katie-mccabe-with-filippa-angeldal McCabe with Filippa Angeldal of Sweden. Source: Tommy Holl/INPHO

Scandinavian concerns

This is something else Pauw highlighted just after the draw was made in April 2021. The Ireland boss was furious with the Nordic neighbours, who effectively formed a pact and tried to delay both of their meetings until the final slots during the fixtures meeting. 

“They had taken the last matchday before the meeting started,” she told reporters. “They had agreed that already before the draw: If we draw each other, this is what we will do. I have reported it already to Uefa because it is unfair and it should stop.”

In the end, only one of the clashes was reserved until the final window — Sweden won 2-1 at home earlier in the campaign — but Sweden effectively have nothing to play for now, having wrapped up their qualification fate nice and early.

Asked in Tuesday’s post-match press conference if Finland will have an easier task than Ireland against a Sweden side already qualified, Pauw said: “Usually, it’s easier but I hope Sweden do their sporting duty. I think they will be proud enough to not drop any more points.”

Sweden manager Peter Gerhardsson echoed that sentiment, vowing to demonstrate sporting integrity: “Of course, for us it is like Ireland versus England, we want to win it.”

The convoluted play-off route

It’s complicated, to say the very least.

Ireland won’t be worrying about the ins and outs just yet, but it’s worth a look down the line.

While the winners of the nine qualifying groups progress directly to next summer’s finals, the group runners-up will contest the play-offs in October 2022.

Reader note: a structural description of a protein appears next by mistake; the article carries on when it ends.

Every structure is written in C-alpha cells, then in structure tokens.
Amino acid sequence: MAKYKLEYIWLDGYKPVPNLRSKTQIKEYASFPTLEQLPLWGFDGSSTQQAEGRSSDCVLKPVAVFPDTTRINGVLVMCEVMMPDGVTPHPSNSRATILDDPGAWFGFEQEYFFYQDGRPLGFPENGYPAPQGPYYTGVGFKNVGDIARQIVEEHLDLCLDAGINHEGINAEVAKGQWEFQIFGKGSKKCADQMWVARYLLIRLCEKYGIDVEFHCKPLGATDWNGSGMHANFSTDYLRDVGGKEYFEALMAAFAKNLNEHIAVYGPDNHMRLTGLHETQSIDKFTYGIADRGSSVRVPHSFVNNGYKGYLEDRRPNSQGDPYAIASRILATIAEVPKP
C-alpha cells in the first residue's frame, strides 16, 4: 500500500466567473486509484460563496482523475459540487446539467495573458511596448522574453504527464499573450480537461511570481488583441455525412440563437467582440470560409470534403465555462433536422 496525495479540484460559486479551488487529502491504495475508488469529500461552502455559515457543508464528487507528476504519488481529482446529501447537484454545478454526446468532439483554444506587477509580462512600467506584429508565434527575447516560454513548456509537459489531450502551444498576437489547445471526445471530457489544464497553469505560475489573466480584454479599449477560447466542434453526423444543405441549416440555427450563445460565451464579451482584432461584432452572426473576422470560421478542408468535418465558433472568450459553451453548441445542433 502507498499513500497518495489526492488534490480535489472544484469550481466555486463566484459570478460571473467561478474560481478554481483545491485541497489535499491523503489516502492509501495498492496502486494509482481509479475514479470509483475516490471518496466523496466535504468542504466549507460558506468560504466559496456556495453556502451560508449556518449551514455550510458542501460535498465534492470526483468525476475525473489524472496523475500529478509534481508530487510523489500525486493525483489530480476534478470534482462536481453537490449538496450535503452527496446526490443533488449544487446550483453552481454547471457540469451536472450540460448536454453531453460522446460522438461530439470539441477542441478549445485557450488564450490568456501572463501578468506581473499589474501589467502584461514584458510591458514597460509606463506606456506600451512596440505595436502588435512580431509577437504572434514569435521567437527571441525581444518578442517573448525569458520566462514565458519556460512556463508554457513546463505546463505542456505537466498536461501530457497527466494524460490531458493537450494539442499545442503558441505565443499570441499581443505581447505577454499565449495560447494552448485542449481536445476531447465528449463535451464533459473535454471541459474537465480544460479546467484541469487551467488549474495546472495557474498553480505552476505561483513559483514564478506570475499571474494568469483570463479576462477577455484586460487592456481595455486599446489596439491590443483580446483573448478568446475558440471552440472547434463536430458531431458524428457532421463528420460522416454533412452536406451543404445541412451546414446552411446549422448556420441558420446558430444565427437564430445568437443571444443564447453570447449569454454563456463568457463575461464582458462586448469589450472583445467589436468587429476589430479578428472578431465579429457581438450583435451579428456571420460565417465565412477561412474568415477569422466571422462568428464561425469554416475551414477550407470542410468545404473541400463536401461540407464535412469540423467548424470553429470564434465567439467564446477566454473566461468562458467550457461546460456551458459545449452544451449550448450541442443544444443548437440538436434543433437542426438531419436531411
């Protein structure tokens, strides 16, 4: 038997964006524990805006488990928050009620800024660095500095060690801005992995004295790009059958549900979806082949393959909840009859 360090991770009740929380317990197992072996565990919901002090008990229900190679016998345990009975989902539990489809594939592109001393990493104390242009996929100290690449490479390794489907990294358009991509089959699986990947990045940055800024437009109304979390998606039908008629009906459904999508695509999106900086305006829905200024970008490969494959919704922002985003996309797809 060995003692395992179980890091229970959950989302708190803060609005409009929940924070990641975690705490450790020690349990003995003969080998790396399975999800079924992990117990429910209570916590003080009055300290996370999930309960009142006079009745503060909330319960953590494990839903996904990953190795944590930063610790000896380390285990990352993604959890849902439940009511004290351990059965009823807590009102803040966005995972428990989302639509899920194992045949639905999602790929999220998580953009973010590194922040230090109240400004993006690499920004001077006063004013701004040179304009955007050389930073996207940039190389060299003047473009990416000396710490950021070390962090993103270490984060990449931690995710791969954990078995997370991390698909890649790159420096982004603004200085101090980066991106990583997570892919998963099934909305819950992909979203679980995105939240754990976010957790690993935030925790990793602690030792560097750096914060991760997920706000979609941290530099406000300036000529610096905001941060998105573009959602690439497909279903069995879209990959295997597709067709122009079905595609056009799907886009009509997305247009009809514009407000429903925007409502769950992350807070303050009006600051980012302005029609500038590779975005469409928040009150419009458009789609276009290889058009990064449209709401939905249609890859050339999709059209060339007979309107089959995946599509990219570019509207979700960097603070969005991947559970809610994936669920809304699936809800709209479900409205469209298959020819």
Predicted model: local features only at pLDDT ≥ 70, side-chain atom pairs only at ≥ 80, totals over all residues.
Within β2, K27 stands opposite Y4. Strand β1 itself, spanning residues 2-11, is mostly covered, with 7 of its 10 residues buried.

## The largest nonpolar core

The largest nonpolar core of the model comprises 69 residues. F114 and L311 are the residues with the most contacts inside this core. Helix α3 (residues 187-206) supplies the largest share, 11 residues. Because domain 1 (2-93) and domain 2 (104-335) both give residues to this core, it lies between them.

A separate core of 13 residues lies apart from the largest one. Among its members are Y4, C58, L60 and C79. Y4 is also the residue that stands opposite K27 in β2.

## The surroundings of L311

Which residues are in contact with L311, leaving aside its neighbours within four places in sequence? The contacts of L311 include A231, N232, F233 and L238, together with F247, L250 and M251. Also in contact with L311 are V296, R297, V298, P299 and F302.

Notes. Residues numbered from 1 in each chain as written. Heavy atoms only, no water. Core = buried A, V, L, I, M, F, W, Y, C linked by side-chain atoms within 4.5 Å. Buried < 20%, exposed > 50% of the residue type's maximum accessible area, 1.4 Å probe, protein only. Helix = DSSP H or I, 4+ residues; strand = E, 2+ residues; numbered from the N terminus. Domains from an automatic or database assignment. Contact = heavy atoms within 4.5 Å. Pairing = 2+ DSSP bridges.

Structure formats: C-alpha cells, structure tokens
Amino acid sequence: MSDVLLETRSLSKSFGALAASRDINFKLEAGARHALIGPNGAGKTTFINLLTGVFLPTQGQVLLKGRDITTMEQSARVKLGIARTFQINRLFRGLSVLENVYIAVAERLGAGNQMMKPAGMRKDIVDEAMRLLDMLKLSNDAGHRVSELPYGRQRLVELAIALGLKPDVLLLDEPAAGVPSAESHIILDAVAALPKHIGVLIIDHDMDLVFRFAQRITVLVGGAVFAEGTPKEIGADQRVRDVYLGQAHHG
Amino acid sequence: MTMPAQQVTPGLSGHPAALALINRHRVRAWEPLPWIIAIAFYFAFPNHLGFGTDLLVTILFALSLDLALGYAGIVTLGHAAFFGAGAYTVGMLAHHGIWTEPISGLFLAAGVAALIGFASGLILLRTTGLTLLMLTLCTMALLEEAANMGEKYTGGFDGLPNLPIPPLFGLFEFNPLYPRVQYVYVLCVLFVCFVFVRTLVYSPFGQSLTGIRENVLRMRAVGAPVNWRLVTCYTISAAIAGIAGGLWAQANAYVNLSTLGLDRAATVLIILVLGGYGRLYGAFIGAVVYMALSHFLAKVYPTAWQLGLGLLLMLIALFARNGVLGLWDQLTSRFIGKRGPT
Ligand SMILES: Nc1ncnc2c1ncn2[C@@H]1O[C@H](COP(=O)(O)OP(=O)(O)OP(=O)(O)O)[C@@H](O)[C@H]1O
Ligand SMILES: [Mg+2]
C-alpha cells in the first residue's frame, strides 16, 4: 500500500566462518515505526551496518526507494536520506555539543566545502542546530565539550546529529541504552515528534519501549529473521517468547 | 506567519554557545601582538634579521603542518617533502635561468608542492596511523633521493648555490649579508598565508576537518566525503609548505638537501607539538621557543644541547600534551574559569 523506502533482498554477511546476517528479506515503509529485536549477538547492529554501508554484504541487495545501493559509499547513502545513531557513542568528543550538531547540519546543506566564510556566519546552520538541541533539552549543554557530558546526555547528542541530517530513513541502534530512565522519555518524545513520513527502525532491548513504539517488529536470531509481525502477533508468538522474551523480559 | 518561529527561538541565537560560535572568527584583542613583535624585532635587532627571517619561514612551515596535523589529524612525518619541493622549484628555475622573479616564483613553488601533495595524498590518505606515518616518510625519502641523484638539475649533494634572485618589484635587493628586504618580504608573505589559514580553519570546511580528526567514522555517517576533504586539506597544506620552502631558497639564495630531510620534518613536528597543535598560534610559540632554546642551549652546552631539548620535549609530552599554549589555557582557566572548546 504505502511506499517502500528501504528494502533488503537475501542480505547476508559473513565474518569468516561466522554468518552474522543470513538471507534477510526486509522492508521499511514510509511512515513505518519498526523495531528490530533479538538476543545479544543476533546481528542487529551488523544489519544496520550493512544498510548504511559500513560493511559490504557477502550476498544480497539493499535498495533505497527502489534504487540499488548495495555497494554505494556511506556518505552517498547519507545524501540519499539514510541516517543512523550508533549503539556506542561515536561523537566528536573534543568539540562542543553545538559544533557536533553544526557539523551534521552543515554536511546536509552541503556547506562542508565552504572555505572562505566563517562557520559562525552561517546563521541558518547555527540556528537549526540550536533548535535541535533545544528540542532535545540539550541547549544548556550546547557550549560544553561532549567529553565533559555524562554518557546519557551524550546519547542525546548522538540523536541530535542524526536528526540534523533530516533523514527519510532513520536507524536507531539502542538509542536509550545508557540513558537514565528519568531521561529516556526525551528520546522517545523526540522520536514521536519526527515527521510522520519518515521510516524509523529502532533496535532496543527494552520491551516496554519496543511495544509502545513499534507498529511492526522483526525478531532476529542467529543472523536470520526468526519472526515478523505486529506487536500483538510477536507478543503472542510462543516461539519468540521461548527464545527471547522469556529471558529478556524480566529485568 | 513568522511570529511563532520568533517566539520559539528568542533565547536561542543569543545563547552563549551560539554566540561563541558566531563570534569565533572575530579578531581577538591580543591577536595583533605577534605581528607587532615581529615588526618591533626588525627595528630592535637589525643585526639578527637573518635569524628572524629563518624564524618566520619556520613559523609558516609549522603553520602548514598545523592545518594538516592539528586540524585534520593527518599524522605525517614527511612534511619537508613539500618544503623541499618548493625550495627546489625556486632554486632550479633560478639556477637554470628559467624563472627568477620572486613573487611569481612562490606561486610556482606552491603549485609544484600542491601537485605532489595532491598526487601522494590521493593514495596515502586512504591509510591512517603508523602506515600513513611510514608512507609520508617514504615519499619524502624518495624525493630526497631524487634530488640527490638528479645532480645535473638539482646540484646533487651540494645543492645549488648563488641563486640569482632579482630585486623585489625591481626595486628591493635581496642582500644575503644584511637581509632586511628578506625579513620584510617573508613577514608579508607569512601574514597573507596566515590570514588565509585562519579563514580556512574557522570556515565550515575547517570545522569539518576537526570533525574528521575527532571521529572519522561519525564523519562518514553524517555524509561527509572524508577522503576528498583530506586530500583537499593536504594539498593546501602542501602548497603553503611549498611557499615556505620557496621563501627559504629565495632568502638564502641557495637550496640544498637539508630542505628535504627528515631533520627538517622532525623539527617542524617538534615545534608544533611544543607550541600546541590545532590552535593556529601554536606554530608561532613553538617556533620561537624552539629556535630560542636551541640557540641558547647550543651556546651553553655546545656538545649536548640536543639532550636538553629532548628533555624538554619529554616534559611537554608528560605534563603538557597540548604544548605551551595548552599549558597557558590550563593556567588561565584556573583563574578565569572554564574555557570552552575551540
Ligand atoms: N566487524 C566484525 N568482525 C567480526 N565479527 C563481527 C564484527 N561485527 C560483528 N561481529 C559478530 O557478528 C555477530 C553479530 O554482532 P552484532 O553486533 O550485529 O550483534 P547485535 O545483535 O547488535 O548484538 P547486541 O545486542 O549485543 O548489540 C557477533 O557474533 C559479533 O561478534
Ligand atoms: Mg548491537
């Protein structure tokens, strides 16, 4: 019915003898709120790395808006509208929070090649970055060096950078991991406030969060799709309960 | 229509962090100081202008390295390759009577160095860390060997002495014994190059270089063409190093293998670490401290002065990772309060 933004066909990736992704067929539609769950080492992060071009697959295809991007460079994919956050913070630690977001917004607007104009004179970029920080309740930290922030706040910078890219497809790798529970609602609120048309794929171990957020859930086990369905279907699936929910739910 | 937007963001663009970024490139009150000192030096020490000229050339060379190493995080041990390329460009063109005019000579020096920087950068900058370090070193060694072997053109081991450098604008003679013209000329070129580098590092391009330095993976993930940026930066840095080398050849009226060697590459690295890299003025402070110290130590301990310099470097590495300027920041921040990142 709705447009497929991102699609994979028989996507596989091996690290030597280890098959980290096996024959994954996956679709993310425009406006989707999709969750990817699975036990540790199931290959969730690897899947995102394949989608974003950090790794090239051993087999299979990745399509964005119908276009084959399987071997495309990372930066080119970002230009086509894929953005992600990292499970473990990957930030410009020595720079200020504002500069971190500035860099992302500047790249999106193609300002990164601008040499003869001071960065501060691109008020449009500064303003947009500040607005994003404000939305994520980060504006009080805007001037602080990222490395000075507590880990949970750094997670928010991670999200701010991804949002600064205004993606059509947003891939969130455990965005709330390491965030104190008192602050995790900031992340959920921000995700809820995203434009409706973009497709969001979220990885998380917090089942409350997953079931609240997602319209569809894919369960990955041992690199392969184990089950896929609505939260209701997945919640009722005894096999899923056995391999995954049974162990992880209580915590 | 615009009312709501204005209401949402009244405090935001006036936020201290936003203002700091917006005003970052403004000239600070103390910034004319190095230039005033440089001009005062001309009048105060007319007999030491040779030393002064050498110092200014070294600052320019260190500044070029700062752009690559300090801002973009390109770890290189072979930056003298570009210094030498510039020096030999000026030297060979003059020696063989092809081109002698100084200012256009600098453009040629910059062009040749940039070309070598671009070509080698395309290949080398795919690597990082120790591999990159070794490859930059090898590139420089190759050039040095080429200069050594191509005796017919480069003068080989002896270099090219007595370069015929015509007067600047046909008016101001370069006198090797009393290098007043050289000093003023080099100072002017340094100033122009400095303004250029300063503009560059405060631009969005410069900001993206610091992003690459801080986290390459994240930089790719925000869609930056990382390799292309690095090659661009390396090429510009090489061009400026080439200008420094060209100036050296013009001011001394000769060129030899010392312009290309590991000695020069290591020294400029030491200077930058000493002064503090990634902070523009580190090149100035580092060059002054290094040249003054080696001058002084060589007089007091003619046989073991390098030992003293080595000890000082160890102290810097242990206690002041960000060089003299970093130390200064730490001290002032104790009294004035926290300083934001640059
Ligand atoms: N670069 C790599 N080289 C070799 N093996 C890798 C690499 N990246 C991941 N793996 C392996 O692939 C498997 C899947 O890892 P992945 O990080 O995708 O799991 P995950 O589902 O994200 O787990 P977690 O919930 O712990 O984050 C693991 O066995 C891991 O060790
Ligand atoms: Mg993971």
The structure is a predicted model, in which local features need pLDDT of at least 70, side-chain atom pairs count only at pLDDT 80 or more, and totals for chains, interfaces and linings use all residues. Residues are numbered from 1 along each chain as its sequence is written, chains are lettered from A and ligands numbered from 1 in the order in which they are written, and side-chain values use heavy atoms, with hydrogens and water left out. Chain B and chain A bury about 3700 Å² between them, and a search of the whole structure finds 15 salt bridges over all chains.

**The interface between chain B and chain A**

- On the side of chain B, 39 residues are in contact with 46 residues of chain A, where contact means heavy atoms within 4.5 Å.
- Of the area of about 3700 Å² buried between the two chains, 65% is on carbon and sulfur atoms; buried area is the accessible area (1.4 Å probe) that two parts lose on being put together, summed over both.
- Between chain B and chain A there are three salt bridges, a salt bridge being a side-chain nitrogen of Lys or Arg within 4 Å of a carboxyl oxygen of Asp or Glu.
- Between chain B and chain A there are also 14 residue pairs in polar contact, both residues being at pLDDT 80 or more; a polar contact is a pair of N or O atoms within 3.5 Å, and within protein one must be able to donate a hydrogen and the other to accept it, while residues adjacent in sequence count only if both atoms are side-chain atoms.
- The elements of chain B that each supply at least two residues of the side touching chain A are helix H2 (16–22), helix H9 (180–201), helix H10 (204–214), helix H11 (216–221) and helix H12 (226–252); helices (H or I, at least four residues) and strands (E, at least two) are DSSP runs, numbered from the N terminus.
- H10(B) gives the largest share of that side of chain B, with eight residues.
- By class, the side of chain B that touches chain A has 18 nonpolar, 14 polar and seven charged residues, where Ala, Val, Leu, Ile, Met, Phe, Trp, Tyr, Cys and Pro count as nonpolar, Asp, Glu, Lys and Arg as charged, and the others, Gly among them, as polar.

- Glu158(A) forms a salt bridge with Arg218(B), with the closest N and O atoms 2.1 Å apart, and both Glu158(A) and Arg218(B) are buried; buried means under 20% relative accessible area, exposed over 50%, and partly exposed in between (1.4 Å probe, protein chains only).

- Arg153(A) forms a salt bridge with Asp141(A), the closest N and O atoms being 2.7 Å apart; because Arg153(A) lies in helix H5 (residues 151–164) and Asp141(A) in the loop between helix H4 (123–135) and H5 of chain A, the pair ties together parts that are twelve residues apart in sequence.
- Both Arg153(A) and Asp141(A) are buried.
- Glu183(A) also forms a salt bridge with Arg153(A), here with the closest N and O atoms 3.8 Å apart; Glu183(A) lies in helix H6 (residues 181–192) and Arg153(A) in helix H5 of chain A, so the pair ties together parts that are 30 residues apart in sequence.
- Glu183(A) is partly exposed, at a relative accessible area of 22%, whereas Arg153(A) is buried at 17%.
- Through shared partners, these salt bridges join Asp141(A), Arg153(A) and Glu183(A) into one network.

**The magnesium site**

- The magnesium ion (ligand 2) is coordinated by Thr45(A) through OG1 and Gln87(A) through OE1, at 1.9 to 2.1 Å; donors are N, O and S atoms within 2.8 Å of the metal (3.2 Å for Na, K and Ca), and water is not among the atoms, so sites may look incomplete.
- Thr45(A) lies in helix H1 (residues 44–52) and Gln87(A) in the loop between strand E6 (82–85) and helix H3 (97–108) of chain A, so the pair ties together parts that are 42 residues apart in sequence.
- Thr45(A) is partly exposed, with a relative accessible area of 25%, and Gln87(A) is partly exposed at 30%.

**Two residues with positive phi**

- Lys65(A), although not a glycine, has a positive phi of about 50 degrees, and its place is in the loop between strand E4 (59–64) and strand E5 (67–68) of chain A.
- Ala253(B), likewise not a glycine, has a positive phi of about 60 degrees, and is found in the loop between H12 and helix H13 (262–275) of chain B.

See Sport

Get closer to the stories that matter with exclusive analysis, insight and debate in The42 Membership

Become a Member

The three best second-place finishers will be seeded directly to Round Two. The six remaining runners-up contest three single-leg play-offs in Round One.

The three winners from Round One and the three teams seeded directly to Round Two will then compete in single-leg play-offs, determined by a draw.

The two play-off winners with the highest ranking (based on results in the qualifying group stage and Round Two play-offs) will qualify for the World Cup. The remaining play-off winner will compete in the inter-confederation play-offs from 17 to 23 February 2023 in Australia and New Zealand, with the finals held there from 20 July to 20 August.


While Pauw and her side have always remained realistic, they are currently in a great position to secure a coveted play-off spot. 

“This team will be at the World Cup 2023 if the draw is not too hard,” the manager said after the previous European Championships qualifying campaign came to a gut-wrenching end.

She labelled their draw into Group A “good, but not the best” when it was made, and later added:

“Our main focus is that we should get the mistakes out of our game so that we do not lose unnecessary goals. If we manage that, I am sure that we will qualify for at least playoffs.”

With the dream more alive than ever, and belief and confidence at an all-time high, that’s most certainly a realistic aim.


About the author:

Emma Duffy

Read next:


This is YOUR comments community. Stay civil, stay constructive, stay on topic. Please familiarise yourself with our comments policy here before taking part.
write a comment

    Leave a commentcancel